If there were a Stan Lee-style superhero for our Diabetes Community, many would say it would be
You might say Banting is to insulin, as Lee is to modern comics.
That’s why it’s so cool that through the years, Banting’s been featured in three different comics. One of those remains on sale from the Banting House museum in London, Ontario, Canada — known as the “birthplace of insulin” where Banting first came up with the idea for insulin in late 1920.
That eight-page, full-color comic was printed in the second issue of World Famous Heroes Magazine, published by the Comic Corporation of America (aka Centaur) in Springfield, Massachusetts, in 1941. This happened just 10 months after Banting’s death. The illustrator was Bob Lubbers, a legend in the comic industry. He drew for several comic publishing companies, including Fiction House, Marvel, and DC.
This brief comic offers a graphic illustration of the public record of Banting’s life, from his post-World War I time to working on insulin (with Marjorie the Dog), and eventually, his other research. The Globe and Mail Custom Content Group shares more about the other comics Dr. Banting was featured in through the years.
There’s something magical about comic books and graphic novels as ways to present serious health conditions differently that feels less scary.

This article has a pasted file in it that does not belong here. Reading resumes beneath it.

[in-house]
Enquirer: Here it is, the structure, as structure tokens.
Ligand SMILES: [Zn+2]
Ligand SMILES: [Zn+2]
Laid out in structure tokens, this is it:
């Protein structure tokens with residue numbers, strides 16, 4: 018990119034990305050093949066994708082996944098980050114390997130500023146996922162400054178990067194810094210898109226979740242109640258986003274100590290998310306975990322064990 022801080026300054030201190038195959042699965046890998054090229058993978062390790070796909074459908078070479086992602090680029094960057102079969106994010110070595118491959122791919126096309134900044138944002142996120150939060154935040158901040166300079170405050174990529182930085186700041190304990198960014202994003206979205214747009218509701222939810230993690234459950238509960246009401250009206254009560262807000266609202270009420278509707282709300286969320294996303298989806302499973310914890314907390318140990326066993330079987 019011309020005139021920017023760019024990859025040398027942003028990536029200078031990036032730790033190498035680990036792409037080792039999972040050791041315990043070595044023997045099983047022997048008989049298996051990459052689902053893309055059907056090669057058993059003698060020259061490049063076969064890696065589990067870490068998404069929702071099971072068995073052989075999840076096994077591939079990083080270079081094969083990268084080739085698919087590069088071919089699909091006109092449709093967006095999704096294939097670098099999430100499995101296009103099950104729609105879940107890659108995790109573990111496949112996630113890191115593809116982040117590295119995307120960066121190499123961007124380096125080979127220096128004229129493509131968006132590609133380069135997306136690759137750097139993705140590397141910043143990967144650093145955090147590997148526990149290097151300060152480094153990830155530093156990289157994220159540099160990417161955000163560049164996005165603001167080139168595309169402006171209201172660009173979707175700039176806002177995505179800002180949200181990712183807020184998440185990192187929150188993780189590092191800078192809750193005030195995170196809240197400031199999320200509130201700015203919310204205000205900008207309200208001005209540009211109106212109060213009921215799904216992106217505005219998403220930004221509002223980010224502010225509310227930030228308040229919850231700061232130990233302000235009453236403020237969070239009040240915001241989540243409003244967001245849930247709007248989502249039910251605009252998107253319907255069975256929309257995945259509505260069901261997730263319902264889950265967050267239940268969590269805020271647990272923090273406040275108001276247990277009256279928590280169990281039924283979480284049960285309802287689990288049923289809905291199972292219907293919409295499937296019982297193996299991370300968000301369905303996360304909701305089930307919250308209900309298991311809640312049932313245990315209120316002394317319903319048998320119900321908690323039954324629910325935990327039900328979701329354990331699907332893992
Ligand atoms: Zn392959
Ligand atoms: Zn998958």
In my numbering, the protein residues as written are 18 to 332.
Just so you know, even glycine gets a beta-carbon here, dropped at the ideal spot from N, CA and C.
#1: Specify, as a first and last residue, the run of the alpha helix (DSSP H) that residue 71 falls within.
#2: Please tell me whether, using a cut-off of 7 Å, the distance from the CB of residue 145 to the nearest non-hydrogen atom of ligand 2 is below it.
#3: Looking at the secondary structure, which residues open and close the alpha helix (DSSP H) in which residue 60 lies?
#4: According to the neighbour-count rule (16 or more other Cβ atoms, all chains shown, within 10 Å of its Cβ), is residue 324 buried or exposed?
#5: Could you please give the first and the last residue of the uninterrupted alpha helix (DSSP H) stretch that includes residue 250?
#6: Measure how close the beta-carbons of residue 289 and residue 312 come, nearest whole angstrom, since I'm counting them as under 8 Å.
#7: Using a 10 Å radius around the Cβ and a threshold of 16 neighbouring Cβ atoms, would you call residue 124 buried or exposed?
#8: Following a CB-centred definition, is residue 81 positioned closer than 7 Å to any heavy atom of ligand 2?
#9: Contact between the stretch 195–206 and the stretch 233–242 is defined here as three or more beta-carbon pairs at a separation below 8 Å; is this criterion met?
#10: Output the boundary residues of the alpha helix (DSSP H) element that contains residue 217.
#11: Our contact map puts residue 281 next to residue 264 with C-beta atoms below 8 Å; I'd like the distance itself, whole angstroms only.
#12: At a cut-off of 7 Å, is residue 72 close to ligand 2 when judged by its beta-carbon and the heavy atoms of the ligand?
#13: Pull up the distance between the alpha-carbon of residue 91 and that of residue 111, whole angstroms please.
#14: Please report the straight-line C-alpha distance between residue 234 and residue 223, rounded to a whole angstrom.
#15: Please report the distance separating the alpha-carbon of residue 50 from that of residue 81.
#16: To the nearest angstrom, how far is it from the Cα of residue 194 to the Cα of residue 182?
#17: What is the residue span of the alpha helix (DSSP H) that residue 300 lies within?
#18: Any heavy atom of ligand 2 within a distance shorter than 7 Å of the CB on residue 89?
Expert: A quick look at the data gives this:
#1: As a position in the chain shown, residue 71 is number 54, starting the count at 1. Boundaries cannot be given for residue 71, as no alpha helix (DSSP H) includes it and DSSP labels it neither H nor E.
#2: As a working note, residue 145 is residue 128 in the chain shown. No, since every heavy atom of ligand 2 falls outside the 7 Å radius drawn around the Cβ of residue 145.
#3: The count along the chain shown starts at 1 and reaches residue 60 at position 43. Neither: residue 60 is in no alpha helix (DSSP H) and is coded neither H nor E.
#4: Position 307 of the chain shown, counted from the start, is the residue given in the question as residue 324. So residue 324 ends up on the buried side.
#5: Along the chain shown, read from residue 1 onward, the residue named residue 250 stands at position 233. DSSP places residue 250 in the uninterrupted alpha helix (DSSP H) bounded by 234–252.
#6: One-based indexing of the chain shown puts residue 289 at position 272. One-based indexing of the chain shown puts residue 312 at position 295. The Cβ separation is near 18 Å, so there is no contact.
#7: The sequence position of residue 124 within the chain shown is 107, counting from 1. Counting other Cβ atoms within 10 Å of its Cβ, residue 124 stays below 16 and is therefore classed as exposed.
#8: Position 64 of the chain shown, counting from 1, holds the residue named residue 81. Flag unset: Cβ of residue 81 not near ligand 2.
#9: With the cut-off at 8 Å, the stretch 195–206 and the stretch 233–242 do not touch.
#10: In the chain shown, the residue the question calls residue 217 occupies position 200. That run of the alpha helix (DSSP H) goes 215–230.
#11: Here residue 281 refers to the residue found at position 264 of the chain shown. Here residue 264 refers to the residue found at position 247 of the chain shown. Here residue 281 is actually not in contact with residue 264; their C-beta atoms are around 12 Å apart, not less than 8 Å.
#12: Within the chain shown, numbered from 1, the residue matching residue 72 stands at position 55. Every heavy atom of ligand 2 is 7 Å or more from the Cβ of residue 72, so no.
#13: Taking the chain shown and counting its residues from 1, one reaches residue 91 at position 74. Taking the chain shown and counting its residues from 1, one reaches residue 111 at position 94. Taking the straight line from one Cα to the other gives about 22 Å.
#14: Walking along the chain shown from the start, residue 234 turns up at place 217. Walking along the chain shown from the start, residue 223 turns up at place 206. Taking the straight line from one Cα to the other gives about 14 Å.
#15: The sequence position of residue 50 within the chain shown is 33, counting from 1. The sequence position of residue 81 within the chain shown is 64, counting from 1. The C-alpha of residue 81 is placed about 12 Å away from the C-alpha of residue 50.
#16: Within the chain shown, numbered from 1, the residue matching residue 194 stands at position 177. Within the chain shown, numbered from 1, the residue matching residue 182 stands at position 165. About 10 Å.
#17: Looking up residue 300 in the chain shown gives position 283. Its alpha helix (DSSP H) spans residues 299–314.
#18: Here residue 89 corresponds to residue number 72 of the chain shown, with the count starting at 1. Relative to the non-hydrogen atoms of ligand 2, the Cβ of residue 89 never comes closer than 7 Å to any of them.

That seems to be what attracts those who are behind these illustrated stories, whether they have a personal connection to diabetes or not.
Kim Chaloner and her husband Nick Bertozzi are keenly aware of this. They took to the graphic novel format to offer diabetes education and some basics in diabetes care.
Diagnosed with T1D as a teenager at 16 years old in 1984, Chaloner has spent more than two decades as a middle school science teacher as well as a dean at a private school in New York, New York. Clearly, diabetes and education go hand-in-hand for her. Her husband’s name may sound familiar, as Nick Bertozzi is not only a teacher himself but a pretty well-known cartoonist whose work has appeared in many venues.